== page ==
Waimea Canyon is a large canyon, approximately ten miles (16km) long and up to 3,000 feet (900 m) deep, located on the western side of Kauai in the Hawaiian Islands of the United States. The canyon was formed by the collapse of an ancient volcano, and has been preserved as part of nearby Waimea Bay State Park. It is one of the largest natural canyons in the world. Its walls rise more than 600 feet above the ocean’s surface. The entire length of the canyon lies within the borders of the island of Kauai.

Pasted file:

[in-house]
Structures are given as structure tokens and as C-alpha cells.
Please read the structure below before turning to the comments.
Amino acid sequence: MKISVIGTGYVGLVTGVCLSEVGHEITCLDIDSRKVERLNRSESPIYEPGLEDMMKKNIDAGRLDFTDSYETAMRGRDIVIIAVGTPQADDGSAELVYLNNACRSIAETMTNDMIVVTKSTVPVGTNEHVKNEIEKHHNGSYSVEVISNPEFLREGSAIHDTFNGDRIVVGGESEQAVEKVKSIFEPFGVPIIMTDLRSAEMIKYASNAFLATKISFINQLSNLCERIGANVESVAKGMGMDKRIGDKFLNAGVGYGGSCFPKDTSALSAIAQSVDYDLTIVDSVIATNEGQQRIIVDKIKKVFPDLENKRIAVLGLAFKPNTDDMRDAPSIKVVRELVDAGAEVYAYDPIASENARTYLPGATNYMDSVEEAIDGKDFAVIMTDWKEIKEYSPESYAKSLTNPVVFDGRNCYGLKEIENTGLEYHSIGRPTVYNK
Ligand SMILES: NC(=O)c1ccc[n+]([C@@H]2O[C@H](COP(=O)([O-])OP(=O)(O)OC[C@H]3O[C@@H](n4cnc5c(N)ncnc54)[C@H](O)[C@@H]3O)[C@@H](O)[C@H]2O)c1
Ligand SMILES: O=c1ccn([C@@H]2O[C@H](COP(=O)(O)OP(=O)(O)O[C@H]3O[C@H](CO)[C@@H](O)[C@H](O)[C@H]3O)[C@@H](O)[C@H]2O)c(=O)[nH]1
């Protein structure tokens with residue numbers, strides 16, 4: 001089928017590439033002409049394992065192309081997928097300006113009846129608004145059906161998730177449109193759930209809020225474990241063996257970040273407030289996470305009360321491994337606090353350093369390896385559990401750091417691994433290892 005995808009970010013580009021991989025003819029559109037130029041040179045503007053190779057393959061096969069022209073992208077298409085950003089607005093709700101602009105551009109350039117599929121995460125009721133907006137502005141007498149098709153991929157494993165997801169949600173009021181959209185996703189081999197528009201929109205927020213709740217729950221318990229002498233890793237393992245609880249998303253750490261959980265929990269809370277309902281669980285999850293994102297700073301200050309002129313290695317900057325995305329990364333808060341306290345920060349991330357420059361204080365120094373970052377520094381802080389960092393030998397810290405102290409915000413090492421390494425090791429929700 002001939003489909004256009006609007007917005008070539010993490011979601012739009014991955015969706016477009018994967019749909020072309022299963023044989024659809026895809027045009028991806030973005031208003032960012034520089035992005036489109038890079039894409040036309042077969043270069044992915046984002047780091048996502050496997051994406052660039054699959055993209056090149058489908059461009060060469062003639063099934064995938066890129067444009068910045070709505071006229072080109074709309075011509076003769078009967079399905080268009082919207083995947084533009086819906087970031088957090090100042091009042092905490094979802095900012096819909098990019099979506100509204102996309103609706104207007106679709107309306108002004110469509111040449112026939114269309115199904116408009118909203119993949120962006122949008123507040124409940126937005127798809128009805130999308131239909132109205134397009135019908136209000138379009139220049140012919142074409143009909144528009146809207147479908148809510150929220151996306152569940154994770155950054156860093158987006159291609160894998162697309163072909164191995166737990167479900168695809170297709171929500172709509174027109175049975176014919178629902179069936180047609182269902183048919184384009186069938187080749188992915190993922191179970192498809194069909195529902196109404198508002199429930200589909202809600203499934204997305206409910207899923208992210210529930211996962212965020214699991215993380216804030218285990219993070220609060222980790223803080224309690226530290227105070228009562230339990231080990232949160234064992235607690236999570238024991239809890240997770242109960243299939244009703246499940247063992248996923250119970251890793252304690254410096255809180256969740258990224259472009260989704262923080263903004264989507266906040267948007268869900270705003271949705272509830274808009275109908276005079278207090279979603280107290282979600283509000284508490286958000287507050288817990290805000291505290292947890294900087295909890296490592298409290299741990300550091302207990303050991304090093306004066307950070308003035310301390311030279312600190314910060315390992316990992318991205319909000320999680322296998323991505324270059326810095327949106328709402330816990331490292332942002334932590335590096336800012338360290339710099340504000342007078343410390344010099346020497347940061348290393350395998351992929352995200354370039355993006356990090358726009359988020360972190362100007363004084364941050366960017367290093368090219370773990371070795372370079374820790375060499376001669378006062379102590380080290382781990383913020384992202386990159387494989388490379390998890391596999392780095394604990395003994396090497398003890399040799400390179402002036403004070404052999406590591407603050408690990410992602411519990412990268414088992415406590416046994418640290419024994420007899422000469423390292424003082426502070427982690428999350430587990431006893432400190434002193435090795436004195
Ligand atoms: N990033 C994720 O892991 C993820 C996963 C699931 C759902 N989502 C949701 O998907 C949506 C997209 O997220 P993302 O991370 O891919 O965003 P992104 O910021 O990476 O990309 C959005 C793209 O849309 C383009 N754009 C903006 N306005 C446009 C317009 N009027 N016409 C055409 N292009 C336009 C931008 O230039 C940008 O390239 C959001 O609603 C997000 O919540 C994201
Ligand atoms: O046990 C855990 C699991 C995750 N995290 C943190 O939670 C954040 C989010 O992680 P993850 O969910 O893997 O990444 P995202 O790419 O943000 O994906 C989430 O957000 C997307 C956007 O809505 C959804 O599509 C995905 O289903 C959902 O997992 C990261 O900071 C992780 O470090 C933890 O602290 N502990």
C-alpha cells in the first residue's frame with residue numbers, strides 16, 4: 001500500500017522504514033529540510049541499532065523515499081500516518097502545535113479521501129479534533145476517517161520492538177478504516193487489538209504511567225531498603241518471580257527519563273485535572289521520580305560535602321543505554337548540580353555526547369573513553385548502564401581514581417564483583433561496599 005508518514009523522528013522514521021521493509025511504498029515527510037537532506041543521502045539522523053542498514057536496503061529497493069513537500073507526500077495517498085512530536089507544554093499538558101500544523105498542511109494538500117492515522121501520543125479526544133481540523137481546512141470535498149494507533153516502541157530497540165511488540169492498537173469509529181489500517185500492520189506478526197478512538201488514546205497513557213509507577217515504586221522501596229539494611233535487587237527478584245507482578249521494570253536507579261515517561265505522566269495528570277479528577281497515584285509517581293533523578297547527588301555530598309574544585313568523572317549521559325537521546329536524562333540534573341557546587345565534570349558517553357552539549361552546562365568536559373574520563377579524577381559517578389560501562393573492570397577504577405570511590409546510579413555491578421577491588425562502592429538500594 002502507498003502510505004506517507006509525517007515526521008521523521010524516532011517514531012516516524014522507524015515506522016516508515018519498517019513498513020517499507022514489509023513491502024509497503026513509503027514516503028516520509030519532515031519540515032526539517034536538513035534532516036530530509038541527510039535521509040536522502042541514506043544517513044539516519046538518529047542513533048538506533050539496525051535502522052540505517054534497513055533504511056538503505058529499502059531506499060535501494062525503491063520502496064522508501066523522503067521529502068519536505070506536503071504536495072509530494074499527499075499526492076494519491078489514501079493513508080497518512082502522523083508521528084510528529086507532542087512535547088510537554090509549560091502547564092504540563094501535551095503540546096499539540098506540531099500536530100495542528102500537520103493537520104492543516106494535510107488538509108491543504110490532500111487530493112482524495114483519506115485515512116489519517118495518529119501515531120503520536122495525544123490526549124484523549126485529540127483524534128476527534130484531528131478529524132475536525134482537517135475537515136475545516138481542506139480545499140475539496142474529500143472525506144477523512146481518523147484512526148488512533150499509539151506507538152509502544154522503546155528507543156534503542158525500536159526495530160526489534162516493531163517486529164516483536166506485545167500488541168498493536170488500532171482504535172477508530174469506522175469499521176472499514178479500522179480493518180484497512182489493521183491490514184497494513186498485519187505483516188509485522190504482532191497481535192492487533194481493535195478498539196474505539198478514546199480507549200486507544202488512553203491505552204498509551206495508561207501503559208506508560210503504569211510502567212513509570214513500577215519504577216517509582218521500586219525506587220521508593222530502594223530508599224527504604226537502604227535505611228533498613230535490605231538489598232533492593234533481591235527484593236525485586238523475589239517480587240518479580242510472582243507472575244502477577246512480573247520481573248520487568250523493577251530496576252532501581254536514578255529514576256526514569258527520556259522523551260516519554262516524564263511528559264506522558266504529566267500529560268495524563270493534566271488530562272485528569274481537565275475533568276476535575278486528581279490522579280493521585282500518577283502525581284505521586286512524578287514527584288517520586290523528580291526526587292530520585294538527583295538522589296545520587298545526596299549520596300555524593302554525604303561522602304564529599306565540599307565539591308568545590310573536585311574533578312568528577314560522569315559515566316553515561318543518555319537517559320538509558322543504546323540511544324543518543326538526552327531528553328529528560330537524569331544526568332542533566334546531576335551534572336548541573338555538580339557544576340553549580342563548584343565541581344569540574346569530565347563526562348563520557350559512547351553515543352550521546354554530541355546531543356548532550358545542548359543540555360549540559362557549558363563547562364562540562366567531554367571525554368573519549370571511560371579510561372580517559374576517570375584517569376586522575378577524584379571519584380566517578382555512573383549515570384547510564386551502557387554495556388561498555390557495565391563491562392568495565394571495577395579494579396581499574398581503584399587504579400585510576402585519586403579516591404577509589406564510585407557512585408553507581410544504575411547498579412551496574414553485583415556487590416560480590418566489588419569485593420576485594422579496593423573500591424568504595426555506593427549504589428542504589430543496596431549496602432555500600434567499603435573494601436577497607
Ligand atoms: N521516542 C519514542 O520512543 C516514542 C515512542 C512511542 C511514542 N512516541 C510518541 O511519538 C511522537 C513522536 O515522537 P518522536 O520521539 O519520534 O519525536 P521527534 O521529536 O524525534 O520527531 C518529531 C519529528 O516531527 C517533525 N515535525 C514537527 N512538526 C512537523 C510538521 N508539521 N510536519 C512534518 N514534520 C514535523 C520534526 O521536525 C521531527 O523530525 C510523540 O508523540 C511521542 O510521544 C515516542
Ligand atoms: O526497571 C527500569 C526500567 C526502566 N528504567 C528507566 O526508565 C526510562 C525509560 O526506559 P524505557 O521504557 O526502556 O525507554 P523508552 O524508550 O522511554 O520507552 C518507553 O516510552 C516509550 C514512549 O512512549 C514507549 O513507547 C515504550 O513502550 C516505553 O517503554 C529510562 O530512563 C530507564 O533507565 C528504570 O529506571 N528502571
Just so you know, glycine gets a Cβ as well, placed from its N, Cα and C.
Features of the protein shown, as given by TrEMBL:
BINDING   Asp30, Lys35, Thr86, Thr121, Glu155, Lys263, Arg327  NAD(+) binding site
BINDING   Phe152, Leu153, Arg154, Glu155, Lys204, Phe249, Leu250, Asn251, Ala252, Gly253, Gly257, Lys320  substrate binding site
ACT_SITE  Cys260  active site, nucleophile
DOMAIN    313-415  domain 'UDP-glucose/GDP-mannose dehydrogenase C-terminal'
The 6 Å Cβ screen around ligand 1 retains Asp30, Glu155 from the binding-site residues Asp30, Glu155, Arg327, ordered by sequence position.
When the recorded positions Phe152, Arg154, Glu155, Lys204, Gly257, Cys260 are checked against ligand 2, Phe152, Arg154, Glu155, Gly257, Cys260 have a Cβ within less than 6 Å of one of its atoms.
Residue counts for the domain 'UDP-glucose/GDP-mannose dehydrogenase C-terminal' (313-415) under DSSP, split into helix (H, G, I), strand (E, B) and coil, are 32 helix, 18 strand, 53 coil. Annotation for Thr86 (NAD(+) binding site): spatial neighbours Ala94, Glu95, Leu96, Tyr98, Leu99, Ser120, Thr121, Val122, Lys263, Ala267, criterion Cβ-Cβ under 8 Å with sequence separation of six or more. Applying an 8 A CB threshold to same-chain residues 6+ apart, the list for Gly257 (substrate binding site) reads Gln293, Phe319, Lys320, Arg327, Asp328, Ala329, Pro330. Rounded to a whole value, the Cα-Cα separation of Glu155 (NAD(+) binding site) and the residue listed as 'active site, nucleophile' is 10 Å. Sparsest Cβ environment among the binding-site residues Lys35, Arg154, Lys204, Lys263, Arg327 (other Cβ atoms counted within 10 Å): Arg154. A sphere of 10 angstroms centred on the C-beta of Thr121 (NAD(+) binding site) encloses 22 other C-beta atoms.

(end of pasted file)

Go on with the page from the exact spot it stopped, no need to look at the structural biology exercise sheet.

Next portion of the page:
The name “waimea” means ‘reddish water’, a reference to the erosion of the red soil that forms the canyon walls. This type of soil results from volcanic activity on the island. During the formation of the volcano, lava flows were covered with a thick blanket of fine white sand. As time passed, this original sand became weathered into the reddish color seen today. The park contains several overlooks along its 11-mile (18km) length, including two major pullouts at Makaweli Overlook and Olokele Overlook, which offer 360 degree views of the canyon. Other notable features include the many arches and bridges created by nature, and the towering cliffs overlooking the Pacific Ocean. On December 2, 2011, the National Trust for Historic Preservation included the canyon as one of their “Save America’s Treasures” projects.